Mujahidin, mujahidat

Balancing gender in the struggle of Jihadi-Salafis

Authored by: Nathan S. French

The Routledge Handbook of Islam and Gender

Print publication date:  November  2020
Online publication date:  November  2020

Print ISBN: 9780815367772
eBook ISBN: 9781351256568
Adobe ISBN:

10.4324/9781351256568-17

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Abstract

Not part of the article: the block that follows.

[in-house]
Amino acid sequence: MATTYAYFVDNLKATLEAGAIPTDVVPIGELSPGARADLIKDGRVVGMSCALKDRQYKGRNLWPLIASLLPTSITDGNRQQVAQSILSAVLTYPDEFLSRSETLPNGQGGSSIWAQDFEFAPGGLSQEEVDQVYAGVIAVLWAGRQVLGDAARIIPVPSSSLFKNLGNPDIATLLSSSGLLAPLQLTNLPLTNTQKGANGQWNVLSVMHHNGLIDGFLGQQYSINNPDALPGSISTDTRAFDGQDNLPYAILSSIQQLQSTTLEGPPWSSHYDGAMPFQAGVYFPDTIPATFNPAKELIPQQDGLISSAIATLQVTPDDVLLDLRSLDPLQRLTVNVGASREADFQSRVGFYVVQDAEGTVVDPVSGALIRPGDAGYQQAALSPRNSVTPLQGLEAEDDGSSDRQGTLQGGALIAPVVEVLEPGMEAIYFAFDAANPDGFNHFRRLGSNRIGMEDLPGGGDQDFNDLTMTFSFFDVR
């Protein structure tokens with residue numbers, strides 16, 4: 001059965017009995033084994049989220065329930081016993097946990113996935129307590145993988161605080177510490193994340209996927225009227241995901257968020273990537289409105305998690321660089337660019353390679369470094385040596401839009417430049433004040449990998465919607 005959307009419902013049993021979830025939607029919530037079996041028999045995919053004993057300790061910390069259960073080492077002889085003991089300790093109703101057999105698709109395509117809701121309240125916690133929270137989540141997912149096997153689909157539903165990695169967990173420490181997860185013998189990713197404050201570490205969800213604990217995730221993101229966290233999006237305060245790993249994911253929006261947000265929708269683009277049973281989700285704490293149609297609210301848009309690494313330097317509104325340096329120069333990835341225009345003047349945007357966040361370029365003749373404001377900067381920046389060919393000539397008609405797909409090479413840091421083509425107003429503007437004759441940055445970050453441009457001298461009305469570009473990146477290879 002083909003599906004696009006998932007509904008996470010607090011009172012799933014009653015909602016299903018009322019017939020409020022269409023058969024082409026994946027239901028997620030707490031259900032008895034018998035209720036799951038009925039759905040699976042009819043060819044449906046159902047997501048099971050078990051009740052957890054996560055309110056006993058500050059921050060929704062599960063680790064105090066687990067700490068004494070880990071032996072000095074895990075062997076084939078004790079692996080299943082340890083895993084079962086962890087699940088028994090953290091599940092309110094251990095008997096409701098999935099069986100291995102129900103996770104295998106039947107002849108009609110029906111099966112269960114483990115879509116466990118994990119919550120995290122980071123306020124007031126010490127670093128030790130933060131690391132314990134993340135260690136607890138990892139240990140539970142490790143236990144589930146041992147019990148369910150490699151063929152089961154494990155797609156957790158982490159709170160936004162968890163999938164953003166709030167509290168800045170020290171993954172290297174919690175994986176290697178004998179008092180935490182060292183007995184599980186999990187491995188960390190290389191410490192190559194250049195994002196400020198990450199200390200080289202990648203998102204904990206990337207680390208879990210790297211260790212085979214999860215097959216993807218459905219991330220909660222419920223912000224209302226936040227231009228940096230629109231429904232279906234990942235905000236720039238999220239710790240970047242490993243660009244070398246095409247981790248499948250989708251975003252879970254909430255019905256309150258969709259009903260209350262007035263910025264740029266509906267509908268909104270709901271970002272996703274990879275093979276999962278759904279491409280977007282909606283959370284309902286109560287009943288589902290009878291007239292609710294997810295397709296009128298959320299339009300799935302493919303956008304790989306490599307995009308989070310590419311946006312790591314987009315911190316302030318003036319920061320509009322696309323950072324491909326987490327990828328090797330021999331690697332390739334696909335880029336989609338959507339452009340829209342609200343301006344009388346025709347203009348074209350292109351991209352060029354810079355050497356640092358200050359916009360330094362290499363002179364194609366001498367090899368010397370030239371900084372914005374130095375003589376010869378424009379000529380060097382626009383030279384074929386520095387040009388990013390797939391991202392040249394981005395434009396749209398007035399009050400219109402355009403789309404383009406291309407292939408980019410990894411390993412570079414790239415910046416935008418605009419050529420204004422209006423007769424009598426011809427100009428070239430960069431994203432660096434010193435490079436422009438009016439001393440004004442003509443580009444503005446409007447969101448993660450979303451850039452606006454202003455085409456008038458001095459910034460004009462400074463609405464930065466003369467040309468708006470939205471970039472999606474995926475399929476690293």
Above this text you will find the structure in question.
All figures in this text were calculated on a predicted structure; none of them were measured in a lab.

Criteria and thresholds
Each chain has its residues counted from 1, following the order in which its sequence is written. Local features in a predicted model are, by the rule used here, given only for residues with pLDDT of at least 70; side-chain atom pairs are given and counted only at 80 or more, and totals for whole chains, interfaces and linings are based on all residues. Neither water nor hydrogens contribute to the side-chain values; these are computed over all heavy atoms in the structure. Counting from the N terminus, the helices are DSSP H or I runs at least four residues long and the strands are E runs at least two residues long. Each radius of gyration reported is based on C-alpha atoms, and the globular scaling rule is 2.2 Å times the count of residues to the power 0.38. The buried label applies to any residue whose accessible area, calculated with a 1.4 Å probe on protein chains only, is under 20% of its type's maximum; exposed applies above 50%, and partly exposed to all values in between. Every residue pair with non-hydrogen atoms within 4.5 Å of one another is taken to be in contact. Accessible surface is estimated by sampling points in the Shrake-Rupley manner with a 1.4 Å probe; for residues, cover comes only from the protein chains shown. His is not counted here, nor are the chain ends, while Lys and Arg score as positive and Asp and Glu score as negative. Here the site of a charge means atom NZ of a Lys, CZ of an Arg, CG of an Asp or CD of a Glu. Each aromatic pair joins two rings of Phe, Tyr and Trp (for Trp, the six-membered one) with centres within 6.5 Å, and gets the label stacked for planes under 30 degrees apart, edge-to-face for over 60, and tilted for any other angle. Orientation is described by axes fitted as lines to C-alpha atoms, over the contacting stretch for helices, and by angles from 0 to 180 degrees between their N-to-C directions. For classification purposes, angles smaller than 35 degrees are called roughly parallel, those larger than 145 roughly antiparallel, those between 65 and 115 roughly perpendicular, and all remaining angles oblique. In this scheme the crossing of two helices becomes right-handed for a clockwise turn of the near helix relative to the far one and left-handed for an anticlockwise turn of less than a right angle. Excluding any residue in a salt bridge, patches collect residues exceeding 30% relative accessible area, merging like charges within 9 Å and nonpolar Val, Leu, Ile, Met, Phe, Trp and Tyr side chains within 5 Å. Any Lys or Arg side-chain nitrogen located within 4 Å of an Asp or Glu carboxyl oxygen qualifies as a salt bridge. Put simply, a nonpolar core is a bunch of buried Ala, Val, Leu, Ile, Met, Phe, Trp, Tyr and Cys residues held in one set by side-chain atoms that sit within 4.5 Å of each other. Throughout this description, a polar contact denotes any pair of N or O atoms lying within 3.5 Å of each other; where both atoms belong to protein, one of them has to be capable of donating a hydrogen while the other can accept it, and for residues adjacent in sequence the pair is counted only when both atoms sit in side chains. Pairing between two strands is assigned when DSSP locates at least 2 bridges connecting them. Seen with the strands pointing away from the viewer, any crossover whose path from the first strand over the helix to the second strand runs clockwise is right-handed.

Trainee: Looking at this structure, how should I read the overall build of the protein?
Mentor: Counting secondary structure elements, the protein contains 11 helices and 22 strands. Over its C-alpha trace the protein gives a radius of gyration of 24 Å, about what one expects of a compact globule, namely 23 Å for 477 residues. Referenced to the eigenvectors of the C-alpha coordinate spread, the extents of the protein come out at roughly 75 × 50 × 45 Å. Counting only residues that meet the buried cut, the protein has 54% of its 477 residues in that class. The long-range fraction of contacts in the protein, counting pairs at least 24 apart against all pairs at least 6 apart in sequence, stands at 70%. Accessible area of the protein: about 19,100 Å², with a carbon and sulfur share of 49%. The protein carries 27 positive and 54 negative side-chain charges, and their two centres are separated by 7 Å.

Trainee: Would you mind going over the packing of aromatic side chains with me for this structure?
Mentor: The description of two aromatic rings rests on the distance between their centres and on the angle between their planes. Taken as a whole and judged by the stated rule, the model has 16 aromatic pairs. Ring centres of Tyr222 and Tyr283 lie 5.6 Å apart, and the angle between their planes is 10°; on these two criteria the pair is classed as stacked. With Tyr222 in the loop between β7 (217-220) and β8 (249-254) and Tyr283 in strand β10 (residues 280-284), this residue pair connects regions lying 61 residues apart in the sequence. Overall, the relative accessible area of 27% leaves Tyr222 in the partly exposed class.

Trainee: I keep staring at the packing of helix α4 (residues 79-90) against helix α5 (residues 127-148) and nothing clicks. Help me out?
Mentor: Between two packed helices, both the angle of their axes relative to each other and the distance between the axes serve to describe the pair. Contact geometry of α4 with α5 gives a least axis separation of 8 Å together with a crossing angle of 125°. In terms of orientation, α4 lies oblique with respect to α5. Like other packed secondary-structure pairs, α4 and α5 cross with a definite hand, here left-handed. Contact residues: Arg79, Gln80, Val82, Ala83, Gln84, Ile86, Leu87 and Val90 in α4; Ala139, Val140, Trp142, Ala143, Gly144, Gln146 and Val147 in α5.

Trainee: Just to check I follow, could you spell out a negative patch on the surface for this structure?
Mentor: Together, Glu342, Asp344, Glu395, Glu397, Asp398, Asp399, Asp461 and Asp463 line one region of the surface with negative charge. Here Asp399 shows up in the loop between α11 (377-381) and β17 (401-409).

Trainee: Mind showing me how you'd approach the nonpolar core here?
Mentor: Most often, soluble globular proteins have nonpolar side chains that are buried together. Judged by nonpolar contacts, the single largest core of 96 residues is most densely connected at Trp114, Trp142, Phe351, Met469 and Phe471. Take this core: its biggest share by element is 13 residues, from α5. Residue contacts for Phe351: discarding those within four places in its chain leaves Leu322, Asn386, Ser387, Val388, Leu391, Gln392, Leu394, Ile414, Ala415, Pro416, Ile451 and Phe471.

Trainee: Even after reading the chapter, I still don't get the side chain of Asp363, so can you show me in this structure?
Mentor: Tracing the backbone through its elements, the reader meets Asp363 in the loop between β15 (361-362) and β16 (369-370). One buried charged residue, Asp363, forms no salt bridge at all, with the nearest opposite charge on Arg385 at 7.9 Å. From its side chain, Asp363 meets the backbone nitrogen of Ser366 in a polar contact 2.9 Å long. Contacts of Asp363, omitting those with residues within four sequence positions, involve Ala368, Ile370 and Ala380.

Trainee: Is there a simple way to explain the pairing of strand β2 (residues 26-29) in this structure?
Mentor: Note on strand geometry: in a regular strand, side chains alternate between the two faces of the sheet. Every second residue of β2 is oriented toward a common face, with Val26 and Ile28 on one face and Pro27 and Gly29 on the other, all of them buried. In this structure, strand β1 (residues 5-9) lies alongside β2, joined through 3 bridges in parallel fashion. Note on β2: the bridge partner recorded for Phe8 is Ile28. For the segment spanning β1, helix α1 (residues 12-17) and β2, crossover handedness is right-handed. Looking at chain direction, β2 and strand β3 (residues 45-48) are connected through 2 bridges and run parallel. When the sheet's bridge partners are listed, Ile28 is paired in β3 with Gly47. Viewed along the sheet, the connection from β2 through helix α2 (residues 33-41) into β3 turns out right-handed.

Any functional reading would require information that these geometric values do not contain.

With the eruption of ISIS fighters across the Syrian and Iraqi border in 2014, journalists and policy makers attempted to develop a functional vocabulary to account for the dramatic rise in women wishing to struggle in the cause of Abu Bakr Baghdadi’s self-declared caliphate. At times, such attempts result in media narratives that define the subjectivity and agency of these women against those of their husbands and children. Thus, women joining the self-proclaimed Islamic State of Iraq and al-Sham (ISIS), are not defined relative to their self-understood – or performed roles – but instead are ‘Jihadi brides,’ ‘ISIS wives,’ ‘ISIS widows,’ or are ‘ISIS mothers.’ These titles simplify the complex push/pull factors for these women, which change relative to location, religious identity (e.g. conversion narratives), socioeconomic status, and various other factors. This chapter challenges this simplification by tracing the evolution Jihadi-Salafi discussions of the ‘women who struggle,’ the mujāhidāt. This evolution of this discussion within Jihadi-Salafi discourse reveals three roles for mujāhidāt, in the cause of God: a passive femininity requiring purification, the woman as active participant, and the woman as embodiment of renunciative ideals.

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